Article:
Self funded PhD Candidate / Guest
I am a PhD student in Carel ten Cate’s research group. My interests lie in the fields of animal communication and social behaviour, with a focus on vocal communication in cooperative breeders.
I am generally interested in animal social behaviour and communication, particularly in vocal communication and language evolution. During my previous training I developed a fascination for cooperatively breeding species – species in which all members of a group help raise the dominant pair’s offspring. As in such groups individuals have to rely on each other to ensure not only their own survival but also the care of young, they need to constantly monitor each other’s behaviours and react accordingly. This, in turn, raises the need to communicate about external events and internal states – but the number of sounds an animal can produce are limited. How do animals overcome these restrictions? One possibility is subtle variation in the acoustic structure of their calls. Another intriguing strategy is to combine vocal elements to sequences which can have a new or related meaning – similar to what we humans do when we use language. During my PhD I investigate both of these strategies in the vocal communication of common marmosets, a cooperatively breeding New World primate, trying to understand the evolution of complex communication systems and human language.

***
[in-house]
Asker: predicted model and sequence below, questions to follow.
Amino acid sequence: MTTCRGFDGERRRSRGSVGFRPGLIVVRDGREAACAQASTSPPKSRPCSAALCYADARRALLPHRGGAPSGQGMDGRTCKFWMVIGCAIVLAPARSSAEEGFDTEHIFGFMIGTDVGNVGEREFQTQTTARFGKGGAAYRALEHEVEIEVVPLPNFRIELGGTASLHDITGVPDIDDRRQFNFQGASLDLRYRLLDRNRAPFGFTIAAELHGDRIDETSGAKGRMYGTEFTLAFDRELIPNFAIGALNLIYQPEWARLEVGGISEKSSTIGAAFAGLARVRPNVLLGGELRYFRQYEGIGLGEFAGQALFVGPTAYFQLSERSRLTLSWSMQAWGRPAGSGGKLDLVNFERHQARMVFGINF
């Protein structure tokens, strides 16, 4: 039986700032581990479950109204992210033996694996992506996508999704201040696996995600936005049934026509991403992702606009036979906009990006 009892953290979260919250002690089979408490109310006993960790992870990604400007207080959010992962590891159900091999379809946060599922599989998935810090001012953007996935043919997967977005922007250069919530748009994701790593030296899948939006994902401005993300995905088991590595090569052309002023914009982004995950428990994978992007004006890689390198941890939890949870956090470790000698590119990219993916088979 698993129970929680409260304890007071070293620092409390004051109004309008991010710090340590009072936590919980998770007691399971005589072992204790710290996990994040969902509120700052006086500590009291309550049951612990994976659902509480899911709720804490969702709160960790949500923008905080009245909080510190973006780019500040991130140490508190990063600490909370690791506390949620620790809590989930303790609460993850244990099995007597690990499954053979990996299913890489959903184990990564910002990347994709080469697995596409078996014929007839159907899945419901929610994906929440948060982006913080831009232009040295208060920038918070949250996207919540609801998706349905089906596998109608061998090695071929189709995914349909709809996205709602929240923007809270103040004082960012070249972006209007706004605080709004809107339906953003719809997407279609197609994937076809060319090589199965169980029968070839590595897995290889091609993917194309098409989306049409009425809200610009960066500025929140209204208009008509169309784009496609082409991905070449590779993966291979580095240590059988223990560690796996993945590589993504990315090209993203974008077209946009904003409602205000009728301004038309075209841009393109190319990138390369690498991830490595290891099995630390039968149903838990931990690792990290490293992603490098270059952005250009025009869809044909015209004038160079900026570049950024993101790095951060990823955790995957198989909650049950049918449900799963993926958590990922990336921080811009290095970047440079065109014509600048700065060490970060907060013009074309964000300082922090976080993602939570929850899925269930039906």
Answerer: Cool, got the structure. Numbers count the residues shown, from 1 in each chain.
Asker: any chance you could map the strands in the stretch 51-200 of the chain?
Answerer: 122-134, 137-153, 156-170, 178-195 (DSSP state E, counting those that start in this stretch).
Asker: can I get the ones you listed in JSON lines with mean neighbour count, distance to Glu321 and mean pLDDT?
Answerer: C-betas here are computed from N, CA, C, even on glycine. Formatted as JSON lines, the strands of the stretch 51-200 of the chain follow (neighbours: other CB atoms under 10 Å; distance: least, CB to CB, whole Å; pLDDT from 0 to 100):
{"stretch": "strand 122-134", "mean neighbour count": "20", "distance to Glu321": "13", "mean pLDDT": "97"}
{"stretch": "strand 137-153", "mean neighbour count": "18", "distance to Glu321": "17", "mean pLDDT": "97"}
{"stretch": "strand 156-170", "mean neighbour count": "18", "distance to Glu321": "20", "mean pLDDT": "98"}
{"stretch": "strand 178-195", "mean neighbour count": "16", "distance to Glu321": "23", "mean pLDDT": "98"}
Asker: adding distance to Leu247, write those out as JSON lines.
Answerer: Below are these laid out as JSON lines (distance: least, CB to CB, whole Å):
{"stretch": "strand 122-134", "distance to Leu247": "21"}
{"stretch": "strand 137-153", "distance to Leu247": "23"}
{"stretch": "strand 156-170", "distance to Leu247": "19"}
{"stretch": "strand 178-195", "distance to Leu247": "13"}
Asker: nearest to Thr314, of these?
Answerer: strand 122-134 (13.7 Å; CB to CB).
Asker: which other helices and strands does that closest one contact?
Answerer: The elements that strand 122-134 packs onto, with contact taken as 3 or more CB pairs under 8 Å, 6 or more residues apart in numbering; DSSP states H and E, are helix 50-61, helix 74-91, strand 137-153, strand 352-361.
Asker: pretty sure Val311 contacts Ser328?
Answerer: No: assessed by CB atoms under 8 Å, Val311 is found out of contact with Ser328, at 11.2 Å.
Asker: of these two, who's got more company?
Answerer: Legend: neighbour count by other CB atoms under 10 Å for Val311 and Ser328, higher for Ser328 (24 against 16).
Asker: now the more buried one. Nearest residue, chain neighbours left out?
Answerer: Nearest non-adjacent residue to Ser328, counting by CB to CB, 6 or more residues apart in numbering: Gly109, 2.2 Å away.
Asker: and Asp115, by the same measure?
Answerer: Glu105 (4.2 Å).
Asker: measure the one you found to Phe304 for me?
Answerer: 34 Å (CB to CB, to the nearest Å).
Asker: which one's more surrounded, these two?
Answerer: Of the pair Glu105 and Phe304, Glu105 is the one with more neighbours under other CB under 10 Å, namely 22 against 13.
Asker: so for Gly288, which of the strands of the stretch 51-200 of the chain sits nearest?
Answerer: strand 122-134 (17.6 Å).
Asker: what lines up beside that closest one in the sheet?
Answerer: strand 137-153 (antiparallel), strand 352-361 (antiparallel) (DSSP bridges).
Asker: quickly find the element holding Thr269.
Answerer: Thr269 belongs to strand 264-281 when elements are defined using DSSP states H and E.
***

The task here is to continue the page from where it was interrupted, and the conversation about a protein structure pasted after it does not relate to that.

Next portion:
Before I came to Leiden in March 2016, I started a PhD in Biological Anthropology at Durham University, United Kingdom. I was working on my project about common marmoset vocalisations and was supervised by Dr Rachel Kendal and Dr Esther Clarke, who continues to be involved in my project. I worked as a research assistant at the Arabian Babblers Project in Israel, which was founded by Prof Amotz Zahavi in the 1970’s, and with captive meerkats in Prof Marta Manser’s group at the University of Zurich, Switzerland. Marta Manser supervised me during my master’s project on the function of lost calls in free-living meerkats in the Kalahari. I obtained my master’s degree in Biology/Behavioural Sciences from the University of Zurich in 2012 and my bachelor’s degree from the University of Kaiserslautern, Germany, in 2010. In 2011, I spent three months visiting Prof Ádám Miklósi’s research group and assisted in various behavioural experiments with family dogs. During my undergraduate studies, I did a small project on habitat preferences of goldcrests and firecrests in a Palatinate Forest fragment, under the supervision of Dr Jürgen Kusch.
Grants & Fellowships
- Research Grant from Leakey Foundation, USA
- Research Grant from Dr. J.L. Dobberke Foundation, The Netherlands
- Research Grant from Lucie Burgers Foundation, The Netherlands
- PhD Scholarship from Evangelisches Studienwerk Villigst, Germany
- Research Fellowship (3 months), University of Haifa, Israel
- Travel Grant for MSc Thesis, Swiss Academy of Sciences (SCNAT+), Switzerland
No relevant ancillary activities